I knew it would be special to have my daughter Samantha host Thanksgiving day and Stu’s daughter Mimi gather their side of the family on Saturday night, but this year was even better because of special guests who added to the joy of Thanksgiving.
For several years my company, The Queens Courier and now the Brooklyn Home Reporter and Brooklyn Spectator have been hosting students from South Korea as interns. The college program is an opportunity for a limited number of students to come to America for six months in their junior year and work at an American company. Their goal is to see how our companies operate and to improve the students’ English. This semester we are hosting three young people who have enhanced our lives.
I invited the three interns, Smith, Jin and Leslie, to join us at my daughter’s home for Thanksgiving. Although they live in different parts of Queens they navigated the LIRR and made their way to the Long Island station where I picked them up.
Each one of them has been a great help to us in many departments and Thanksgiving was my way to give thanks to them for all they do. They, in turn, were excited about experiencing an American holiday. Smith explained to me that there is a long-time custom in Korea that mirrors our holiday. It is a celebration of the rice crop and the main course is of course, rice cakes. Families gather as we do to give thanks for all they have and for their special “gifts.”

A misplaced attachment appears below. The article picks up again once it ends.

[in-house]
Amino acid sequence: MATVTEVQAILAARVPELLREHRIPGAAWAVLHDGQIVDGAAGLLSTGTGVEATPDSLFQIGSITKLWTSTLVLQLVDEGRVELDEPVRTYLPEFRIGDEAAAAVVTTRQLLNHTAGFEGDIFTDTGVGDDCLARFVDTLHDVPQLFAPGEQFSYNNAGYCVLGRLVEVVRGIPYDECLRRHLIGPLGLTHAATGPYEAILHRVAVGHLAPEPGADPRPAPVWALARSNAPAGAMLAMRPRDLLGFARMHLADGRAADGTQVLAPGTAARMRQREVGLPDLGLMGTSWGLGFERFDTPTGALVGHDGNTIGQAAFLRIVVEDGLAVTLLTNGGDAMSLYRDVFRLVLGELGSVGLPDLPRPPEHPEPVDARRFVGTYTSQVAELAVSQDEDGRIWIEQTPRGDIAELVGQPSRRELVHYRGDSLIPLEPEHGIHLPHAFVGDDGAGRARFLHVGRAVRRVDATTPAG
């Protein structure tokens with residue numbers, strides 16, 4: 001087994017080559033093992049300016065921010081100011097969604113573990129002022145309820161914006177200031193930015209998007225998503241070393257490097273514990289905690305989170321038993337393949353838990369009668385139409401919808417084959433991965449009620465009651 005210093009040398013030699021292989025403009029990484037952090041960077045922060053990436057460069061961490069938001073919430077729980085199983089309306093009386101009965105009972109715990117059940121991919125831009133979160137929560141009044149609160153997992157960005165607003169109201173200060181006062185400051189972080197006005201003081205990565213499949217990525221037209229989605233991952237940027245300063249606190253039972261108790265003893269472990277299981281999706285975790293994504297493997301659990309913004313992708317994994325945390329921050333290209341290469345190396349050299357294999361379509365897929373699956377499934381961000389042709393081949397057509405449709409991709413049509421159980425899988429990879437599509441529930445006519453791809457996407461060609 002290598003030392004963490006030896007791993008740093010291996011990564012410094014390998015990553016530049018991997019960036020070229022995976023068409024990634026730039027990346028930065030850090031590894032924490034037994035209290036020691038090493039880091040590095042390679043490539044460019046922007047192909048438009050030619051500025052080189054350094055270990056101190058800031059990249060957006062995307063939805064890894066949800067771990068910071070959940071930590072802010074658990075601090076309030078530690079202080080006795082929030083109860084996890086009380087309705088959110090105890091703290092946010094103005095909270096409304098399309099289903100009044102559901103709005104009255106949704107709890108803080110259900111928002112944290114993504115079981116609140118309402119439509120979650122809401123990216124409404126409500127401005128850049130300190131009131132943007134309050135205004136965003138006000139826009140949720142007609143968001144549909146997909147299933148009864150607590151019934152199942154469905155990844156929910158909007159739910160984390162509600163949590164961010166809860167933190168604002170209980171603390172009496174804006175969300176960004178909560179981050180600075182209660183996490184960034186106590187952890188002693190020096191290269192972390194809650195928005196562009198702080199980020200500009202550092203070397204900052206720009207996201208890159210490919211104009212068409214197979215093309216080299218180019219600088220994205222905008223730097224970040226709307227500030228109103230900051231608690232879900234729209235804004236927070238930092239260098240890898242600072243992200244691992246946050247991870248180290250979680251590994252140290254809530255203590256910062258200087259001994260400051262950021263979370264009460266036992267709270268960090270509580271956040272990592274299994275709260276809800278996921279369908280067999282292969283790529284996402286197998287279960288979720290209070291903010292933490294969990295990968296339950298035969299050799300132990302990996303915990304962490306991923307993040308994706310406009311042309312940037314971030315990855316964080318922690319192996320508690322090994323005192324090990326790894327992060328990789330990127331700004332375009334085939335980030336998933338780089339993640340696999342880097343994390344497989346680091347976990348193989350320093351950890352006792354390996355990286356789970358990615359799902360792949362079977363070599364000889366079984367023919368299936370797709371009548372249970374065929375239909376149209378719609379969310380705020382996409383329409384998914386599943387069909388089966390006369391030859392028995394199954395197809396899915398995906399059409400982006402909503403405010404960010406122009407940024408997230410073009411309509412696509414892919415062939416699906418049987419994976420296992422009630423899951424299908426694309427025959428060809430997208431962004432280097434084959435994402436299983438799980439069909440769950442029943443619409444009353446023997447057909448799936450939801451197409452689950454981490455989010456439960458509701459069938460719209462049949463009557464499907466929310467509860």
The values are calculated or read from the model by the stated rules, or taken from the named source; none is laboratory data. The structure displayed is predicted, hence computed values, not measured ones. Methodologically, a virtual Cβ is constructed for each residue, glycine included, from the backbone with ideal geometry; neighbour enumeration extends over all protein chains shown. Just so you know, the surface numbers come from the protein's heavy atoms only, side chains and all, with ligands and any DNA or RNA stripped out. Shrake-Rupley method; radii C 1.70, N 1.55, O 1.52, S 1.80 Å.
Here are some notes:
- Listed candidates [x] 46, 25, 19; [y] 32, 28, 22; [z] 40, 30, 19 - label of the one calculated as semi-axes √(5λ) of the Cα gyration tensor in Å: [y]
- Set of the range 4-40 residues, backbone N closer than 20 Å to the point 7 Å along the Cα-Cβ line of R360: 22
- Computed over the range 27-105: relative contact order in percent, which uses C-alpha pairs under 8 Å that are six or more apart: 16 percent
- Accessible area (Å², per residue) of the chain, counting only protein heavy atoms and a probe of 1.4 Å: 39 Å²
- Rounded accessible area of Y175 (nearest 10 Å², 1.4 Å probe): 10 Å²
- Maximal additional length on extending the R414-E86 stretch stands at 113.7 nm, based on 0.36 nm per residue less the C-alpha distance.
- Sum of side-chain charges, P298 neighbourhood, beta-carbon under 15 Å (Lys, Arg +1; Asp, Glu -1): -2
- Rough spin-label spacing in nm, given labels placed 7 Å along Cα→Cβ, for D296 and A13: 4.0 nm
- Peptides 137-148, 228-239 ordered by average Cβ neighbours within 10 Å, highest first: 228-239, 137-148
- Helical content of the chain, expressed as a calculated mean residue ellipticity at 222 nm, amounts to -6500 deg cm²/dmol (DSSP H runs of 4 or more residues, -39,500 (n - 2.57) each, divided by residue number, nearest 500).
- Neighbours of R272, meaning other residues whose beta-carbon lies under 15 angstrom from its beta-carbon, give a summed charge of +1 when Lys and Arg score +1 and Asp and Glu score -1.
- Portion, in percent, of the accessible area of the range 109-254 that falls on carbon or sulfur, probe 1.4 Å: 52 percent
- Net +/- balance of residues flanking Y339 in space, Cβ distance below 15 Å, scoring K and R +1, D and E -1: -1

Adding to the joyous day and also the “star” was Hudson Dean Schneps, just four months old and celebrating his first Thanksgiving.
We completed the sumptuous dinner “feast” and the celebration of birthdays and anniversaries with an enormous dessert buffet. The after-dinner “treat” was a performance by Blake and Morgan signing with their grandma Susan an energetic rendition of “The Sun Will Come Out Tomorrow” from the show “Annie.” They shook the rafters with their singing and dancing. What energy!
Then two days later the Broner clan got together for seven-year-old Zoe Easton’s birthday. What made it even more special was that Mimi had invited Kima, a seven-year-old girl from the Fresh Air Fund whom she has hosted these past two summers.
She and Zoe had become fast friends.
It was a scene watching the two girls sitting together in a big armchair playing a Barbie game on the computer in the TV room while eight boisterous boys cheered on their favorite football teams. Finally the two little girls fled the room to hear themselves “think!”
The Fresh Air Fund summer program is something Mimi has been supporting while her boys are away at summer camp. I love how her eyes light up when she shares her adventures with the two inner city girls. She brings them to her country house in Kent, Connecticut, where she’s given them swimming lessons and wonderful one-on-one time. It’s a powerful program. I will share with all of you about how to participate. After all, sharing our lives isn’t just for the holidays.
But what a wonderful holiday weekend it was!